In its recent opinion in Aviva Life and Annuity Company v. White (In re: Millennium Multiple Employer Welfare Benefit Plan), 772 F.3d 634 (10th Cir. 2014), the Tenth Circuit clarified a litigant’s rights to continue to pursue claims against a party seeking the typical protections afforded when interpleading funds into the court’s registry.
Aviva Life and Annuity Company had issued certain insurance policies having significant cash to the Debtor, with the Debtor holding the policies for the collective benefit of all participants in the Millennium Multiple Employer Welfare Benefit Plan. Prior to the Debtor’s bankruptcy filing, Jerald and Claudia White and Diogenes Holdings, Inc. (the “Whites”) were among a number of claimants who had brought suit against Aviva and the Debtor alleging Aviva and the Debtor had fraudulently induced them to enter into various Participation Agreements. More specifically, the Whites’ suit alleged causes of action for fraud, negligent misrepresentation, civil conspiracy and violations of Tennessee statutes, accounting malpractice, breach of fiduciary duty, unjust enrichment and constructive and resulting trust.
After the Debtor filed its bankruptcy petition, Aviva interplead the cash value of the insurance policies into the court registry when the bankruptcy trustee alleged the policies were property of Millennium’s bankruptcy estate. In its interpleader, Aviva sought injunctive relief enjoining the Whites and other plan participants from “initiating or prosecuting any claims or proceedings against Aviva . . . which may affect [Aviva’s obligations under the insurance policies], in order to protect Aviva from further exposure to potential dual liability and multiple, vexatious litigation.” The bankruptcy trustee distributed the proceeds of the insurance policies to creditors of the bankruptcy estate, including the Whites.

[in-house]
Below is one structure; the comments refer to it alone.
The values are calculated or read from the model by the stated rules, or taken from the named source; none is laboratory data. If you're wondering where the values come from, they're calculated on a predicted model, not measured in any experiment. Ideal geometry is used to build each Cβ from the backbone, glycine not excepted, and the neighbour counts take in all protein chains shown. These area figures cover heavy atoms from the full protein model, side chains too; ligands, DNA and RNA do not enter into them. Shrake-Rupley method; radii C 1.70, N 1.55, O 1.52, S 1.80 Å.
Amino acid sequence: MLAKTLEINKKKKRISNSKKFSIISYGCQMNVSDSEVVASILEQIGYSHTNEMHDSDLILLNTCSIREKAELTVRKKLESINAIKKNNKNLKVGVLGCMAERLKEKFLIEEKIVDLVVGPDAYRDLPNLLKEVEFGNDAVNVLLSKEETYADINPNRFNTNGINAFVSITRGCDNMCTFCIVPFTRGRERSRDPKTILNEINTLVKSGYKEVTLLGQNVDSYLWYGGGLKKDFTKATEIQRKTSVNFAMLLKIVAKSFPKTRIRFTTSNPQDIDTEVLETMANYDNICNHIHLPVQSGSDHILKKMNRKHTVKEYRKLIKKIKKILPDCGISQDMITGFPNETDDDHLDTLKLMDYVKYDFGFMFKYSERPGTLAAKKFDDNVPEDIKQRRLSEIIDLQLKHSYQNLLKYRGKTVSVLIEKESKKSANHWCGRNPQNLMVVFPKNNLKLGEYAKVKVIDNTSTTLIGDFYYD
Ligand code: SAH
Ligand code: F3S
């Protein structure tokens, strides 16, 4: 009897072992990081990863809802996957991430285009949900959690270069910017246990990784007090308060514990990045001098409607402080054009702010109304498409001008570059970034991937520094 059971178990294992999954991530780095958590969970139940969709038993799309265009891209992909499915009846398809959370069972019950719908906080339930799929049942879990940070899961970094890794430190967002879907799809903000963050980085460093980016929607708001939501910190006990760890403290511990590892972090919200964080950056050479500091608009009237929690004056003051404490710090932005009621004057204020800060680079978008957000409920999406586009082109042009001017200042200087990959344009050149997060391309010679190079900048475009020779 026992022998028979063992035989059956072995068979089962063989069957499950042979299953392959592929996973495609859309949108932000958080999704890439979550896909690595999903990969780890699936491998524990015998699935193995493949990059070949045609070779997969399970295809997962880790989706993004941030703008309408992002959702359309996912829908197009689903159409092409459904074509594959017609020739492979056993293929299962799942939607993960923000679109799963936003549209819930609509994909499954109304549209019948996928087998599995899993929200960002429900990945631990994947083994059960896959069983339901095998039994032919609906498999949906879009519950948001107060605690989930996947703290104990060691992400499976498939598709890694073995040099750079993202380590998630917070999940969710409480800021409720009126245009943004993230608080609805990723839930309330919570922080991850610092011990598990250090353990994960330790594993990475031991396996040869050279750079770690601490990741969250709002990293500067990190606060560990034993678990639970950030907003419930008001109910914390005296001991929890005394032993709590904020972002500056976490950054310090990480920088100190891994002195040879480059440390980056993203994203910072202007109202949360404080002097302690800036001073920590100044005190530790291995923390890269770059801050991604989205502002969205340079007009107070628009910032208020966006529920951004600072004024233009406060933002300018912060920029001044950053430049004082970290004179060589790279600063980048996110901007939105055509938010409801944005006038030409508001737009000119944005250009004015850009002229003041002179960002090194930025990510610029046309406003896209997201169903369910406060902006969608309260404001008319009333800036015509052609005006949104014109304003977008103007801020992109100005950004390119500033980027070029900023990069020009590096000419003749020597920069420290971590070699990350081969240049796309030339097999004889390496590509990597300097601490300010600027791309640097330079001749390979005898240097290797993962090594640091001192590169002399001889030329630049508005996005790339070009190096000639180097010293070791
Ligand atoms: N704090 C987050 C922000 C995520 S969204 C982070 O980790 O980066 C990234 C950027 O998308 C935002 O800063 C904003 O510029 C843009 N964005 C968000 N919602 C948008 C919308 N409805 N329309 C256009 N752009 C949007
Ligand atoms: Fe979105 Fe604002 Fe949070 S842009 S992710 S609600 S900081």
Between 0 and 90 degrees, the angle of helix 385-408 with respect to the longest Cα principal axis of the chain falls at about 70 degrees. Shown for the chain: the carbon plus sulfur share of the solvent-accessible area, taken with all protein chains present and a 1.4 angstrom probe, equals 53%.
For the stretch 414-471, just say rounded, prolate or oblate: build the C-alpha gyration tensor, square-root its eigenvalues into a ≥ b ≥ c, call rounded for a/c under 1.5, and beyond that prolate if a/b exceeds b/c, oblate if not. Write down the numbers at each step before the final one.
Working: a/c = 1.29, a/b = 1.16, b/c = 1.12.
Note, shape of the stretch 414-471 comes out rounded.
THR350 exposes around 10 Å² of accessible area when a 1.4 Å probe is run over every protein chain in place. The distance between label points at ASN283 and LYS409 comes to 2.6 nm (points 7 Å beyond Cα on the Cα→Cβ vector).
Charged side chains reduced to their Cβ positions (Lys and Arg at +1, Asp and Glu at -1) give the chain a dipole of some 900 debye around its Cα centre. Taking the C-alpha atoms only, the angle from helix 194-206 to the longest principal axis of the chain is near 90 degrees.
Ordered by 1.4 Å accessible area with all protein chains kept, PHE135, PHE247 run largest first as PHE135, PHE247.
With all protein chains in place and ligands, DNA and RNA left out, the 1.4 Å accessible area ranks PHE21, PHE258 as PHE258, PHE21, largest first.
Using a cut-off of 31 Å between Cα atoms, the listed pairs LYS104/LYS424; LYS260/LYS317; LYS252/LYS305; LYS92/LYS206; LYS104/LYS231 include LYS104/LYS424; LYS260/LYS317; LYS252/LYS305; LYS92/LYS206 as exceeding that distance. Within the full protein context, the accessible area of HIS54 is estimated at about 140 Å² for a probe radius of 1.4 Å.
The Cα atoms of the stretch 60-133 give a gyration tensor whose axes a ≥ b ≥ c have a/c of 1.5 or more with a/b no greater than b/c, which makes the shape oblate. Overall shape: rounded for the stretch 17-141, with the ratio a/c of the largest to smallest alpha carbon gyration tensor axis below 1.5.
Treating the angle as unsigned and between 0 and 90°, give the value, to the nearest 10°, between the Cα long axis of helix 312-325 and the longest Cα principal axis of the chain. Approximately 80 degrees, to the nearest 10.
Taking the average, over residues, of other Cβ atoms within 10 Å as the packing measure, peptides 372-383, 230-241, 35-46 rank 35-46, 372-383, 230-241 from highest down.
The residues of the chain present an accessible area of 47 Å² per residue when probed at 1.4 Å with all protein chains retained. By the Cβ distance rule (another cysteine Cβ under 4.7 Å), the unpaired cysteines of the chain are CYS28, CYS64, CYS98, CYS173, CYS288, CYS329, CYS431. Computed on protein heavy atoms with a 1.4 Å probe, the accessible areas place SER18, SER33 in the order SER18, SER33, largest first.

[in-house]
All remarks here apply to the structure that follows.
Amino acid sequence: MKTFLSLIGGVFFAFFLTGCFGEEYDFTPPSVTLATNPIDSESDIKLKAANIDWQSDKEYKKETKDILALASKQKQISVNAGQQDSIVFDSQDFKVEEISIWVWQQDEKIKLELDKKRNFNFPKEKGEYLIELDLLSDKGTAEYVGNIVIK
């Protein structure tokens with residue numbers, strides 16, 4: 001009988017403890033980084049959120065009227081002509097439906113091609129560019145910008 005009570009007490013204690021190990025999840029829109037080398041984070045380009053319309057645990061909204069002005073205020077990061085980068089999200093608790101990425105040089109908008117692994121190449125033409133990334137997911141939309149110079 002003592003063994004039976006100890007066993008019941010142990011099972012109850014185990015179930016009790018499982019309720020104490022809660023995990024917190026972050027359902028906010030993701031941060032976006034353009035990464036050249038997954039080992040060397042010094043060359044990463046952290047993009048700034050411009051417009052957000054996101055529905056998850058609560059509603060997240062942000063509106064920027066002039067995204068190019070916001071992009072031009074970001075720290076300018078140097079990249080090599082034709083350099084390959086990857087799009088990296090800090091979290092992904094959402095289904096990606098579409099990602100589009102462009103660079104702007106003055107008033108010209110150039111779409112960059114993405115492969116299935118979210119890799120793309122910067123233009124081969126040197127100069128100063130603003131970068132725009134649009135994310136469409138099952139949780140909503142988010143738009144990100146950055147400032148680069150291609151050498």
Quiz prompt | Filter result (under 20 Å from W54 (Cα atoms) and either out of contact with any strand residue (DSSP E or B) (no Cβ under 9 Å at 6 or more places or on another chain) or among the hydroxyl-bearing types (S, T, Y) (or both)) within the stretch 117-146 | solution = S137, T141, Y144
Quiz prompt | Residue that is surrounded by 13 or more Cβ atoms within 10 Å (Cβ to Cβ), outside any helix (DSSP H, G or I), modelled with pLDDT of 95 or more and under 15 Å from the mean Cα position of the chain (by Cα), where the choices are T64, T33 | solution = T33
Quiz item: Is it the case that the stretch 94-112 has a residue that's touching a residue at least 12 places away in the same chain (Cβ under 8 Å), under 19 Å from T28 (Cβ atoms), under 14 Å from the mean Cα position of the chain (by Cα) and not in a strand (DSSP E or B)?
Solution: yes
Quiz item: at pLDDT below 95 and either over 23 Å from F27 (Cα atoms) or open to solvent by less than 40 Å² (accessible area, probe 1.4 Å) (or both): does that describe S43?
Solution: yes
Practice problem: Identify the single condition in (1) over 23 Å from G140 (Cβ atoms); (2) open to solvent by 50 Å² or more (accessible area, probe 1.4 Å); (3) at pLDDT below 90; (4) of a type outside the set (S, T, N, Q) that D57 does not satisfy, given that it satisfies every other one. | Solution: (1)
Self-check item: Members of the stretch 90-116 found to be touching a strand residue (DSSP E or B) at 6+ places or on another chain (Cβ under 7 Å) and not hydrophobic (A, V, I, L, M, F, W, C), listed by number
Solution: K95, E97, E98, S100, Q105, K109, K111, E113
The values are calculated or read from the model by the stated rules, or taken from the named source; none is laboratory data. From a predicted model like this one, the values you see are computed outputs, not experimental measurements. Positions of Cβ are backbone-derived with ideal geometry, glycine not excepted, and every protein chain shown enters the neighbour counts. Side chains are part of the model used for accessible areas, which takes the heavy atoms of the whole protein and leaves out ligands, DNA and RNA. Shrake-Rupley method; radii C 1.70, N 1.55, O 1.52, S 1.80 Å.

Thereafter, the Whites moved to amend their complaint (which had been removed from state court to federal court) to dismiss their claims relating to ownership of the insurance policies but retaining their tort claims against Aviva. Aviva petitioned the bankruptcy court to enjoin the Whites under 28 U.S.C. § 2361 from prosecuting their tort claims against Aviva, alleging the claims would expose Aviva to dual liability with respect to its obligations under the insurance policies. The bankruptcy court issued an injunction preventing the Whites from asserting any claims to legal or equitable ownership of the insurance policies but denying injunctive relief as to the Whites’ tort claims. Aviva perfected an appeal to the Tenth Circuit Court of Appeals.
The Tenth Circuit court began its analysis by stating that “Interpleader is a statutory remedy that offers ‘a party who fears being exposed to the vexation of defending multiple claims to a limited fund or property that is under his control a procedure to settle the controversy and satisfy his obligation in a single proceeding.’” The federal interpleader statute found at 28 U.S.C. § 1335 provides such a person may file an interpleader action in federal court if he has in his possession property valued at $500 or more to which adverse claimants of diverse citizenship are claiming or may claim ownership. If interpleader jurisdiction is appropriate, then the court is empowered to enjoin the adverse claimants from “instituting or prosecuting any proceeding . . . affecting the property.” Reviewing these statutes, the court concluded that interpleader suits “are focused on adverse claims to a single, identifiable stake, or res, that is under the control of the interpleader plaintiff.” As a result, the court concluded that a court’s injunctive powers are equally limited to enjoining adverse claims to the res. The court went on to say, however, that an interpleader does not function as “an all-purpose bill of peace,” nor can it be used to “solve all the vexing problems of multiparty litigation.”
The court held that injunctive relief for an interpleader plaintiff is restricted to adverse claims to the res, and that other claims which parties have against the interpleader plaintiff, such as the Whites’ tort claims, cannot be enjoined so long as those claims do not affect the property which has been interpleaded: “Interpleader may not be used by the stakeholder as a weapon to defeat recovery from funds other than the one before the court.” Since the White’s success on their tort claims against Aviva would not affect the insurance policies, the court held that the injunction issued in the interpleader action did not shield Aviva from the Whites’ tort claims.